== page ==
Silvia Berciano knew that the brain plays a role in obesity.
And a number of other eating disorders or compulsions in which studies have shown people’s brains can predispose them.
But Berciano, a nutrition and genomics researcher at Tufts University, wanted to know what role the brains of people without any of those disorders played in their eating.
So she and her colleagues set up a study to look at how variations in genes might influence people’s eating preferences.
“These had only been studied in the context of pathology, never in a healthy population,” Berciano told Healthline. “So we thought if we could find an association among healthy people, then it must be important.”
What researchers learned
Their was presented last month at the Experimental Biology 2017 meeting in Chicago.
What the researchers concluded was that gene variants — small differences in people’s genetic makeup — predispose even healthy people to eat lots of certain foods, even if they know these foods are not good for them.
Berciano said the research could help people with certain gene variants find other ways to satisfy their cravings, potentially leading to better strategies to help them stick with the diets they want.
The 818 subjects of the study had already had their genomes mapped in a previous study. Berciano and her colleagues excluded from the study anyone with any kind of health problem — including kidney disease, heart disease, and eating disorders.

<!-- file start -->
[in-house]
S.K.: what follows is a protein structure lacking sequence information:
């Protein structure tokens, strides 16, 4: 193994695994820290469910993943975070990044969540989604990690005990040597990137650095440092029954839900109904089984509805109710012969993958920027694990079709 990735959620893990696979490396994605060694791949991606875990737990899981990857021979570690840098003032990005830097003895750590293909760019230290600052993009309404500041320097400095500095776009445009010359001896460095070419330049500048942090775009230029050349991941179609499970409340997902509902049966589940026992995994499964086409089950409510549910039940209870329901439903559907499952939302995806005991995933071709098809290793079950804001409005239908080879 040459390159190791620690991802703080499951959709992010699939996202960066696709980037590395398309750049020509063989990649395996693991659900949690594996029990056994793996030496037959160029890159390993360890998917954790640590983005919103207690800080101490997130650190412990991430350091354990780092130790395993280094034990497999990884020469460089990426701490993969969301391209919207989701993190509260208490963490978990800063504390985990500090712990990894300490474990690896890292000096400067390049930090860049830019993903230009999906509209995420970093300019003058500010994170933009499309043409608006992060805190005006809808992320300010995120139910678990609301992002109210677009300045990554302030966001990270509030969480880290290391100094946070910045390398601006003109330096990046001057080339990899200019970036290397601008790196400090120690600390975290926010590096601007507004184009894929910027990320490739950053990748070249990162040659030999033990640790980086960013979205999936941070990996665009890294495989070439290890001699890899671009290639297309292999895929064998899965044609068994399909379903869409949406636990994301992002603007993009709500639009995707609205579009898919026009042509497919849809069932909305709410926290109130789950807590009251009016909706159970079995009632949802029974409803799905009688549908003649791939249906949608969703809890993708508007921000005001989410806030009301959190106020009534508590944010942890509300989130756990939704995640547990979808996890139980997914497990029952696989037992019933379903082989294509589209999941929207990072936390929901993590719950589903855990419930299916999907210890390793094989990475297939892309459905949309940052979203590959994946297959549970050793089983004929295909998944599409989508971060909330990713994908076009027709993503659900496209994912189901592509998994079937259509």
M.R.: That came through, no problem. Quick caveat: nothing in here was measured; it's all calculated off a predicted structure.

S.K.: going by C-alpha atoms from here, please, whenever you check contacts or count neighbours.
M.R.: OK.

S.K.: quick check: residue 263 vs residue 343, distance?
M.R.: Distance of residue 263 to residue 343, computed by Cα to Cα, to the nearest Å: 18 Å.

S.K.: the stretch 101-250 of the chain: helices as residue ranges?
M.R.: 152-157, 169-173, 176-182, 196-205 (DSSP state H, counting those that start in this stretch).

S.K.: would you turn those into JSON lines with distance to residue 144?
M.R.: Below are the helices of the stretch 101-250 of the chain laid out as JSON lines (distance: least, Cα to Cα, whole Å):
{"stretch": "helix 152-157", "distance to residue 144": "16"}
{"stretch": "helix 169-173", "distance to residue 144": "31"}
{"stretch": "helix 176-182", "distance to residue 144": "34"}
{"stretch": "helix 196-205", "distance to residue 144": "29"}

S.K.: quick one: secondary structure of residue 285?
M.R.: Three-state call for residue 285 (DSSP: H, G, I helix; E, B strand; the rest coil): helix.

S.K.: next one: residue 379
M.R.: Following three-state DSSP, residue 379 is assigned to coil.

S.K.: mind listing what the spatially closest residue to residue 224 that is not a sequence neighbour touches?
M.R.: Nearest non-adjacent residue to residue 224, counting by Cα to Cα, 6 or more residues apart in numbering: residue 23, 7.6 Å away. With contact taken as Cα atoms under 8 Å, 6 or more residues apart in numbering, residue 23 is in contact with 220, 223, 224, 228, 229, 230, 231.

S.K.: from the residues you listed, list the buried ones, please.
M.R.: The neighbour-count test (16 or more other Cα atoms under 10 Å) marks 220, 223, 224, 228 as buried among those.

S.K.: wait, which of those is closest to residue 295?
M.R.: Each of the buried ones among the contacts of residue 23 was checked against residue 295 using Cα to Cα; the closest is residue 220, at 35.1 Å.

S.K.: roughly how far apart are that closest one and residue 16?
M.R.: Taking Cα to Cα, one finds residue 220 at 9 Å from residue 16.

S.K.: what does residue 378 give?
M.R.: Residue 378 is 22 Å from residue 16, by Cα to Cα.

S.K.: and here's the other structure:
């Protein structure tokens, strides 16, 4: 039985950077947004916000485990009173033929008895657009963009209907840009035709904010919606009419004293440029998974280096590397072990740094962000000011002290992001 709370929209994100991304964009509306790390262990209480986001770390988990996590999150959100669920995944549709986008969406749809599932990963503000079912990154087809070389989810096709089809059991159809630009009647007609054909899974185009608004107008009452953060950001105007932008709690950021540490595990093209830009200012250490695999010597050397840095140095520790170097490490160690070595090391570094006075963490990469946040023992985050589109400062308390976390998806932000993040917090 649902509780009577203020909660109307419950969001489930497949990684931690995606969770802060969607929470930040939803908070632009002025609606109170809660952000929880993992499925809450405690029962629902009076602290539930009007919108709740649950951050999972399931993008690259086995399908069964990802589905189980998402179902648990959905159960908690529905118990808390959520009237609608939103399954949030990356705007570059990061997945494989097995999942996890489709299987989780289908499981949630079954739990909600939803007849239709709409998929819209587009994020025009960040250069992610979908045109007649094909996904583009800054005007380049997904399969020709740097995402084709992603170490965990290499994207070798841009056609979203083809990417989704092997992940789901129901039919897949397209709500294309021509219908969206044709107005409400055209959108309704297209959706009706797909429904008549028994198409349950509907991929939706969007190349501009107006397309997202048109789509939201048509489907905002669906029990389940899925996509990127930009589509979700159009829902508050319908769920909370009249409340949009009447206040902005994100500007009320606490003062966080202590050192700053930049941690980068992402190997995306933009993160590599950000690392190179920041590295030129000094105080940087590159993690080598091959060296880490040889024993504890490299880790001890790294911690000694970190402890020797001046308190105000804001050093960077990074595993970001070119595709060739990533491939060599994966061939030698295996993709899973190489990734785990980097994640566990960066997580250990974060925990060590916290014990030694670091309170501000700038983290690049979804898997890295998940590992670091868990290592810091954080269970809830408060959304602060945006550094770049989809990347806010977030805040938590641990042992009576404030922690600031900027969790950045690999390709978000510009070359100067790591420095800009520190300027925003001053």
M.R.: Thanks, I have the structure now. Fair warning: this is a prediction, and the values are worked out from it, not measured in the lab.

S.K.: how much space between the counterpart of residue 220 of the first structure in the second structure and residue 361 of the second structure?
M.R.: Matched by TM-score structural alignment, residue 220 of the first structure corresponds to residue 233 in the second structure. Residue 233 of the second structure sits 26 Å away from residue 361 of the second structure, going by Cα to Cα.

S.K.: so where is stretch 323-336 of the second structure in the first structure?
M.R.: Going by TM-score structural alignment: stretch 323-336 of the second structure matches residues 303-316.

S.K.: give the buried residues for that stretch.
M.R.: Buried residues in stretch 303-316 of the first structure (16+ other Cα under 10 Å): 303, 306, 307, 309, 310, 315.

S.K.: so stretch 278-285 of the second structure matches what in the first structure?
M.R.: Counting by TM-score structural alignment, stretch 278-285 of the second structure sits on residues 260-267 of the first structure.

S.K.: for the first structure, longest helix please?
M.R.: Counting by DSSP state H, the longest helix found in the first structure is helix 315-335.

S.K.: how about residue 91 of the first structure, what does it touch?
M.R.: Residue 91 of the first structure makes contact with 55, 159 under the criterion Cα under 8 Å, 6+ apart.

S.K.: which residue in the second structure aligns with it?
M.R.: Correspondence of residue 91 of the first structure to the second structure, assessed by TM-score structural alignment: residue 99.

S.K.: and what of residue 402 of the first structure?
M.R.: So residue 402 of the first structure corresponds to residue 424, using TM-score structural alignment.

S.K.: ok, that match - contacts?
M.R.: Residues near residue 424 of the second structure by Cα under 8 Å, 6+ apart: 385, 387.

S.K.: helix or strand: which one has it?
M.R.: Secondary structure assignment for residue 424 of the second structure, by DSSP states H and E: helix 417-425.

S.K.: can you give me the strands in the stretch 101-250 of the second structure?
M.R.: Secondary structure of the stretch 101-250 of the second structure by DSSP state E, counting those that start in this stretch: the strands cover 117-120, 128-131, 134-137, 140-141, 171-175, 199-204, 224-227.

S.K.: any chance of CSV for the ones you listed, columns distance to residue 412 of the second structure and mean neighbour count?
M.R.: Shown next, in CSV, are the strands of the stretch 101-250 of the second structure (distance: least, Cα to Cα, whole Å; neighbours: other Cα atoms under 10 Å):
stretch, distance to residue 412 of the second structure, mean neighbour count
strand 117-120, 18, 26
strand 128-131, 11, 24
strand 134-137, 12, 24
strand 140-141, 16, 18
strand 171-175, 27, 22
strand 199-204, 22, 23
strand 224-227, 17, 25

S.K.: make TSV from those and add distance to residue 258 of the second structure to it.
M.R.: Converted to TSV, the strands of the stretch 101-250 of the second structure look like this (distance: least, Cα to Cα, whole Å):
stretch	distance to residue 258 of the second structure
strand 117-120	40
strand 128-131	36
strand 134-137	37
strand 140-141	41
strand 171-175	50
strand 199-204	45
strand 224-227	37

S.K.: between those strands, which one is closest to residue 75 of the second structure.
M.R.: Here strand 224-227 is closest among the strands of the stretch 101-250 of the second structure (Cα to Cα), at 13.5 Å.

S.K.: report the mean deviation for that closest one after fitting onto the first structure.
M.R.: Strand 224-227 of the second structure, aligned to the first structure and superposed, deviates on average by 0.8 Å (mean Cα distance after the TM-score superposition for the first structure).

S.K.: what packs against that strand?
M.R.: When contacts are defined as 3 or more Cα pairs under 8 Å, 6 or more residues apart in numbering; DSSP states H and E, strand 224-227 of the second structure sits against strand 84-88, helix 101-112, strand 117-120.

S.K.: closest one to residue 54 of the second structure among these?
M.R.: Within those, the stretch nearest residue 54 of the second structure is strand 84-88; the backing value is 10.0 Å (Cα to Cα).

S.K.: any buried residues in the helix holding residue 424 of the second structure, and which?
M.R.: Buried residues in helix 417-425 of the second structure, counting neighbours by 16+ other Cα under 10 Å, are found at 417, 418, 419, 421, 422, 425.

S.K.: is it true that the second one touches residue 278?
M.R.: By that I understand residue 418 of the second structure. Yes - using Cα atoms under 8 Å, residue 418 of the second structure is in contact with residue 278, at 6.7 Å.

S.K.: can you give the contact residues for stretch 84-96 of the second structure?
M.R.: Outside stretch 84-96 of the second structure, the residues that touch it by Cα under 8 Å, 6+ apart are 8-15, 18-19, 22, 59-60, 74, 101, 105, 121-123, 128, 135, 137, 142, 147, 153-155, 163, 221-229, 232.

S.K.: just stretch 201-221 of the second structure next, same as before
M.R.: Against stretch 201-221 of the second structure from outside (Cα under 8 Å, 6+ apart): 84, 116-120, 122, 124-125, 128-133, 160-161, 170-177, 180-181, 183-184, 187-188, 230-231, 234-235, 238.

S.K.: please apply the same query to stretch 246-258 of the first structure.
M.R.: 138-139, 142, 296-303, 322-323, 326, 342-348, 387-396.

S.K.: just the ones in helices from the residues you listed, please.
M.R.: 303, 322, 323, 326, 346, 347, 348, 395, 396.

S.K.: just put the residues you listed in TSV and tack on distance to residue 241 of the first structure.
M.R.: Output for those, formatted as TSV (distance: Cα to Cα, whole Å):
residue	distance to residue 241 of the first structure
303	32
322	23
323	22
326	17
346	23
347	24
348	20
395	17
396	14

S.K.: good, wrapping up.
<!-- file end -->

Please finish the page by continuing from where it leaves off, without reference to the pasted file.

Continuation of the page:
They homed in on 38 specific genes that have been tied to psychological traits and that they thought might influence food preferences.
Then the subjects each filled out a about what they typically ate and how much.
The researchers analyzed the answers for statistically significant associations with the participants’ individual genetic variations.
They found a number of them.
Chocolate, salad dressings, and other cravings
For example, people with a variation in the gene that is tied to the ability to process the hormone oxytocin, which promotes feelings of calmness, bonding, and affection, ate more chocolate.
If this oxytocin receptor gene had an A allele, they ate about 13 more grams of chocolate per day than others.
Those that inherited the genetic variation from both parents had a higher body mass index (BMI) than other subjects, putting them in the obese category.
This suggests that with less ability to get the stress-reducing benefits of oxytocin, subjects with the A allele relied on chocolate to keep them calm.
This knowledge could help them redirect their cravings.
“Finding other ways to promote oxytocin could help them avoid boosting it through something like chocolate,” Berciano suggested.
Variations in other genes were tied to how much salt or added fats, like salad dressings, people consumed.
Environment, culture, taste, and availability also drive food preferences as well, but the study concludes that genes that drive psychological traits also have a role to play in shaping food preferences.
Berciano said researchers now need to look into whether the associations between gene variants and food preferences also affect a broader swath of the population. The study only included Caucasian subjects in Minneapolis and Salt Lake City.
Her next step is looking through information collected from the Boston Puerto Rican Health Study longitudinal project to search for associations.